The Antioch African Methodist Episcopal Church was founded in 1868 by former slaves in Decatur, Georgia. They chose the name “Antioch” in honor of the city where Paul’s disciples were first called Christians (Acts 11:26 KJV). Antioch A.M.E. Church was the first black religious institution in the city’s history. The congregation held services in the home of Ms. Louise Bracher for over six (6) years. The members built the first church, a one-room edifice, in the heart of downtown Decatur on Marshall Street in 1874, very close to the end of the Reconstruction era. During this era, many autonomous black churches were founded and continued to they play a central role in black communal life.
Antioch A.M.E. Church was more than a religious institution for the community of former slaves. It housed the community school, social events, political gatherings, and benevolent and fraternal societies. More importantly, Antioch was a central component in the formation of the black community’s conception of freedom. Antioch A.M.E. Church remained a one-roomed edifice until the 1930’s.
Antioch A.M.E. Church’s first pastor was Reverend D.W. Wiggs. Prior to his appointment as pastor, Antioch was served by a “circuit rider,” an itinerant preacher that served a number of churches in one geographical area. Reverend Wiggs came to Antioch in the shadow of the great depression of the 1930’s. Reverend Wiggs facilitated the reorganization of the church as well as laid plans for building the new structure. He never built the new church he envisioned, but went on to become a Presiding Elder within the A.M.E. Denomination.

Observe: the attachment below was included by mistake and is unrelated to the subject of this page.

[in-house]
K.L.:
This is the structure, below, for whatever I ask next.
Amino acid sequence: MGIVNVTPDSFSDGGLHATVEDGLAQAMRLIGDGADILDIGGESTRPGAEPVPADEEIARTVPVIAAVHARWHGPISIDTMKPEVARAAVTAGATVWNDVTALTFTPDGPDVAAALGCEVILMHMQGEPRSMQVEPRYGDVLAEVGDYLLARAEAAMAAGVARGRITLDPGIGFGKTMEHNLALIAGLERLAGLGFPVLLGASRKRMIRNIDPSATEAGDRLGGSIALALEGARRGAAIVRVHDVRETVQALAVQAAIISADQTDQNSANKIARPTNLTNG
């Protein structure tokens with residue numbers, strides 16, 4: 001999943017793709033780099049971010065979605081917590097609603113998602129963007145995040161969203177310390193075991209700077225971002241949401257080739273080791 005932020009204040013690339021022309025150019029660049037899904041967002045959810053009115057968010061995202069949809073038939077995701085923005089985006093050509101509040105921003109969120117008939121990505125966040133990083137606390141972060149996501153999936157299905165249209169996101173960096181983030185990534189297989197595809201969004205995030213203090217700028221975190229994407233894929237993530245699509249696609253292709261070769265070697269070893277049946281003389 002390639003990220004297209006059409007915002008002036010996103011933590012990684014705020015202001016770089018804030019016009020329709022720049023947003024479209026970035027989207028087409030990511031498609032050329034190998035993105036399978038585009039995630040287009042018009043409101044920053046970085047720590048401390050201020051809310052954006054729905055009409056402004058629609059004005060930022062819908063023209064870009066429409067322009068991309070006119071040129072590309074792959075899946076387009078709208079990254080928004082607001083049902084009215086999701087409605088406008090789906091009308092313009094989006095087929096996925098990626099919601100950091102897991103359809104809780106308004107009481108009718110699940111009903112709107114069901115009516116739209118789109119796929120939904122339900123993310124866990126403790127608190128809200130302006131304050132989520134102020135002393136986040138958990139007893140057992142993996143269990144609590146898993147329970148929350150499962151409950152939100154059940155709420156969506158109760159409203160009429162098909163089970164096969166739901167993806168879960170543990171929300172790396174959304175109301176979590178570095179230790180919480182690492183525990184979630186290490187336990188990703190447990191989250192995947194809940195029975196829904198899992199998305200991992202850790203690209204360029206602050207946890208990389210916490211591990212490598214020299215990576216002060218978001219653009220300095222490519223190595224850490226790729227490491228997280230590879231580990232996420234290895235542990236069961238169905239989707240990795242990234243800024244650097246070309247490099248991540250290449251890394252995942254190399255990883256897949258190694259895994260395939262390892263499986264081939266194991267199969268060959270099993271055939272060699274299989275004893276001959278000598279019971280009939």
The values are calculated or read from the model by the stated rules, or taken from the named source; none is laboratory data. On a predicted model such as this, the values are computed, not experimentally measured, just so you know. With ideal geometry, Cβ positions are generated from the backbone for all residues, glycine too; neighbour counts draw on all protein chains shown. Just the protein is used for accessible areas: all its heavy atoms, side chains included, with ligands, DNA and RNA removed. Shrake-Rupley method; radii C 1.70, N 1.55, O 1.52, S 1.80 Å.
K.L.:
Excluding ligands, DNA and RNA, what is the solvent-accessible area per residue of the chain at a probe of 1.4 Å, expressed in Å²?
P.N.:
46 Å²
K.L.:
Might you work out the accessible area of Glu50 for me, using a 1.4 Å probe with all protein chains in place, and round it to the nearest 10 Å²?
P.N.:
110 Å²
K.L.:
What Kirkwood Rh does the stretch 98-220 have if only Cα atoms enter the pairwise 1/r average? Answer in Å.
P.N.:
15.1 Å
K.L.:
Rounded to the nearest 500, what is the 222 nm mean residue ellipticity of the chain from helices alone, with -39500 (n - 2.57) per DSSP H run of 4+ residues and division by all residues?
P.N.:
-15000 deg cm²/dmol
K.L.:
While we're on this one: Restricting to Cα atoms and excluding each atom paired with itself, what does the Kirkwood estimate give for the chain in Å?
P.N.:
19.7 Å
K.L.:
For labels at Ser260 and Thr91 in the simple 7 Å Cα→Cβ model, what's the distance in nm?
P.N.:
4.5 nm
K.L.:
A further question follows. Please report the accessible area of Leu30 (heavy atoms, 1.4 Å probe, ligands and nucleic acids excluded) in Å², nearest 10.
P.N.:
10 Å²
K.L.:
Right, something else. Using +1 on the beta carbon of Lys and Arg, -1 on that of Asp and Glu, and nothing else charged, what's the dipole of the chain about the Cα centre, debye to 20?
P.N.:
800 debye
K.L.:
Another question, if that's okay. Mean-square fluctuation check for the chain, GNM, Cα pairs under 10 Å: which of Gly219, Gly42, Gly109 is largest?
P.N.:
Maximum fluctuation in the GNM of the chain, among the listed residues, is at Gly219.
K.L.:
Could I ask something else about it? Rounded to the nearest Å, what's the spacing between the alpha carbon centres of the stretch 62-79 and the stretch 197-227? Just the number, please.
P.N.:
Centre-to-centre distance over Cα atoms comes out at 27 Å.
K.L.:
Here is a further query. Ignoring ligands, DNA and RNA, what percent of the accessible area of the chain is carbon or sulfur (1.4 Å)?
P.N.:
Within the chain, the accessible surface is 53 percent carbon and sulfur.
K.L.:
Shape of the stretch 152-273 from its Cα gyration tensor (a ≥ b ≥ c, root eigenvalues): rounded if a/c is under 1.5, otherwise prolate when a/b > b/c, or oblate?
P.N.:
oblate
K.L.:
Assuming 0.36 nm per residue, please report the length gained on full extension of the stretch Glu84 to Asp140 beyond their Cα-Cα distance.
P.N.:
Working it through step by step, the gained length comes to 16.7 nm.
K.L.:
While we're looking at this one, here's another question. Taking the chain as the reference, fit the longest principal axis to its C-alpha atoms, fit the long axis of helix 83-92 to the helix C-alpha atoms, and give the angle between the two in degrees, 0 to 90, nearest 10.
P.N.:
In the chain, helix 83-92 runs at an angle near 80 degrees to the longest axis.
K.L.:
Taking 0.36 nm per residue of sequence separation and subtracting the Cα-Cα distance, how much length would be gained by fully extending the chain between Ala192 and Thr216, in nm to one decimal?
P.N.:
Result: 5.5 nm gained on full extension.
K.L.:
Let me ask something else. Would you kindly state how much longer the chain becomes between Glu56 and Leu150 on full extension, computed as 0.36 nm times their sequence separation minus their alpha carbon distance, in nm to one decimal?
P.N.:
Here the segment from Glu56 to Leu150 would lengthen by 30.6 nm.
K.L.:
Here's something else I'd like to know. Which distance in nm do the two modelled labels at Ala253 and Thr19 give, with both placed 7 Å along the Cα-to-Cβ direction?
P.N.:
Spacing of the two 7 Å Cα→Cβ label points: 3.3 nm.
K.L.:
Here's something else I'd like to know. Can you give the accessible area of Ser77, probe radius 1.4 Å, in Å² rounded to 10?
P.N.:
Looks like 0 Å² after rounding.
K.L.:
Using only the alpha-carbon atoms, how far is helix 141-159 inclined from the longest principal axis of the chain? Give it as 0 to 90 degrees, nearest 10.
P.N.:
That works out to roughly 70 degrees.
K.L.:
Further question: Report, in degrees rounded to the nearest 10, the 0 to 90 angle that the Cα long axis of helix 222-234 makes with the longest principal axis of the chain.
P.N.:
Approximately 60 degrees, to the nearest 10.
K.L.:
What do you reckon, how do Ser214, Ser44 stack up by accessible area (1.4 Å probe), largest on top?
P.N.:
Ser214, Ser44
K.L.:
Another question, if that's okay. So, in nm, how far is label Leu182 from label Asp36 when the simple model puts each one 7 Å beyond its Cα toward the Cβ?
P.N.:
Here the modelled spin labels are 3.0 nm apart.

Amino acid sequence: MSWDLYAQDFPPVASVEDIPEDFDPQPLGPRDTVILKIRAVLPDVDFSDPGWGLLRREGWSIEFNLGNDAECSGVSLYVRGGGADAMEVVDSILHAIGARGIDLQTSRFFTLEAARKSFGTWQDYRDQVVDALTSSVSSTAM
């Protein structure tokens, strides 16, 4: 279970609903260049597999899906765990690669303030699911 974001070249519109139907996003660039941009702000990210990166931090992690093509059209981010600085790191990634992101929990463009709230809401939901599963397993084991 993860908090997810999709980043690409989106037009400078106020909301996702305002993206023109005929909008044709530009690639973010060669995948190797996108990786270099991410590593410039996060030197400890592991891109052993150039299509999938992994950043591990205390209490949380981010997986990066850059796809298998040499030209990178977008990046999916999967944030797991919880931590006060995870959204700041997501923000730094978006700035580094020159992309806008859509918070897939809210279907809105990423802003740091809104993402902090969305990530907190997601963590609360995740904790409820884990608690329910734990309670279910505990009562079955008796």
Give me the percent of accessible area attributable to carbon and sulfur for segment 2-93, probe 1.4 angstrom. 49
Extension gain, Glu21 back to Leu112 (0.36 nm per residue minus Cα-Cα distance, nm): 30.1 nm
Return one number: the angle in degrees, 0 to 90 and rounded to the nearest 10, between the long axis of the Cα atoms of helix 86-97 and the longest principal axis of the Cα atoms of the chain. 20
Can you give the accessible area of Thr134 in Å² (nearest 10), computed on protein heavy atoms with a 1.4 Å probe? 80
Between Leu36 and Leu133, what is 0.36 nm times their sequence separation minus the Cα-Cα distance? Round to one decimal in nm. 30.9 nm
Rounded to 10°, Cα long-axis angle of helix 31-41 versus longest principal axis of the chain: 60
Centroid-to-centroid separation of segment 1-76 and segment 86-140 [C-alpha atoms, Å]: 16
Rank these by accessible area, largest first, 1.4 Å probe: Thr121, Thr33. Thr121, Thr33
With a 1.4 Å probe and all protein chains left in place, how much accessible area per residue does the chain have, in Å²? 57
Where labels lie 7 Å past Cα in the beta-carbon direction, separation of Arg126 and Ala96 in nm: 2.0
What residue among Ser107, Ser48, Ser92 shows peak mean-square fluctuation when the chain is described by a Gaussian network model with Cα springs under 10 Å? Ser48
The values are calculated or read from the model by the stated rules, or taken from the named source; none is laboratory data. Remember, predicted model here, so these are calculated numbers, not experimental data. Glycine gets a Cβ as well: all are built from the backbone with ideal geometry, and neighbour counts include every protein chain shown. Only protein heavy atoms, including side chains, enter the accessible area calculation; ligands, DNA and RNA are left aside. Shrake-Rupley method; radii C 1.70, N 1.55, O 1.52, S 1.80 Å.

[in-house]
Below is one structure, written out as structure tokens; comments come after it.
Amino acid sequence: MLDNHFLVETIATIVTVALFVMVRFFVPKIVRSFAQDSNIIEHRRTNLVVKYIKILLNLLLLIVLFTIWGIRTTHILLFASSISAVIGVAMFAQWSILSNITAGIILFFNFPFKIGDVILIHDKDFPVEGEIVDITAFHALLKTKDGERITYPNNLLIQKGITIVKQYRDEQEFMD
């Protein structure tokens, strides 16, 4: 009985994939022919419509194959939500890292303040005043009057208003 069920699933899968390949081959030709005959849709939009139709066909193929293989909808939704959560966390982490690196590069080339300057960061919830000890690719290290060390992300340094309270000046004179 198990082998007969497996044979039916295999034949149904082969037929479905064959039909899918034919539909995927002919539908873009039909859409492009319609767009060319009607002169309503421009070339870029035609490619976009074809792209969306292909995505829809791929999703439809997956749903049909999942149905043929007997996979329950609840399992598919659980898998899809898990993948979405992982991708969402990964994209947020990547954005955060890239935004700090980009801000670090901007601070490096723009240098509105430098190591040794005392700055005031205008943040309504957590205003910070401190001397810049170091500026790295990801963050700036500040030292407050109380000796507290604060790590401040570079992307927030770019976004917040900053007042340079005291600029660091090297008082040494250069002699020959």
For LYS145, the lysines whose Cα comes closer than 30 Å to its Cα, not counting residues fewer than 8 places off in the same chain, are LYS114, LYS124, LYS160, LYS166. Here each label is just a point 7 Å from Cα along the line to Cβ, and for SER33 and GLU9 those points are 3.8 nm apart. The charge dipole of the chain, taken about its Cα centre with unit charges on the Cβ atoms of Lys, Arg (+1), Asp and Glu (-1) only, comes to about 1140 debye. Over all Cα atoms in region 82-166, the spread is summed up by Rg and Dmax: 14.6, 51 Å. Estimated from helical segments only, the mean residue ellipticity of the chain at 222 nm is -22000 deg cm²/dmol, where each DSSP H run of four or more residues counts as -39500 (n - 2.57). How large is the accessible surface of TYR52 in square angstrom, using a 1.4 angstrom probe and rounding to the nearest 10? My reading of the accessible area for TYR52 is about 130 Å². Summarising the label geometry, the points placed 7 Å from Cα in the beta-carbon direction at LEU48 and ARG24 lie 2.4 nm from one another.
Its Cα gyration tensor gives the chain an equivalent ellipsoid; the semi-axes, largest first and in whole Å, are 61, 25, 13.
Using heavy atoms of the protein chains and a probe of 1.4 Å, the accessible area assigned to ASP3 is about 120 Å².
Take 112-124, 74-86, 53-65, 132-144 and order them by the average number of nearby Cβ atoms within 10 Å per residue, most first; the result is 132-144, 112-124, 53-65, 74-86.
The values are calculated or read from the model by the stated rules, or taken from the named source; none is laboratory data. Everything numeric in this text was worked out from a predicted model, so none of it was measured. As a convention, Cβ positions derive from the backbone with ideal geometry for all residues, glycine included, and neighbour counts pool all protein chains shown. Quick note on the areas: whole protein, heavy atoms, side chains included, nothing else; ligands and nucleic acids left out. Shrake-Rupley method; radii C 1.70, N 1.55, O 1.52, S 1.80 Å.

It took additional thirty-years (30) to build the new church structure. During that period, the following Itinerant Elders pastored at Antioch:
- Reverend Larry Hudson
- Reverend Frank Maddox
- Reverend Eugene Adams
- Reverend L.J. Jones
- Reverend Benjamin Gay
- Reverend Few*
- Reverend Wilkerson*
- Reverend Hardiman*
In 1965, Reverend T.J. Flanagan and the membership made the decision to purchase the land to build a new church on Atlanta Avenue, which was renamed to Hibernia Avenue. The church remained at that location until 1995.
On September 24, 1995, under the leadership of Rev. Dr. Stafford, J. Wicker, Antioch’s current pastor, the congregation move from Decatur, Georgia to its current location on South Hairston Road, in Stone Mountain, Georgia. From her humble beginnings, Antioch African Methodist Episcopal Church has grown to become one of the largest congregations in the Sixth Episcopal District. Yet, many parts of her story and rich history have been lost. The purpose of the proposed project is to facilitate the necessary research and document the finding so that future generations will know the rich history of this great church.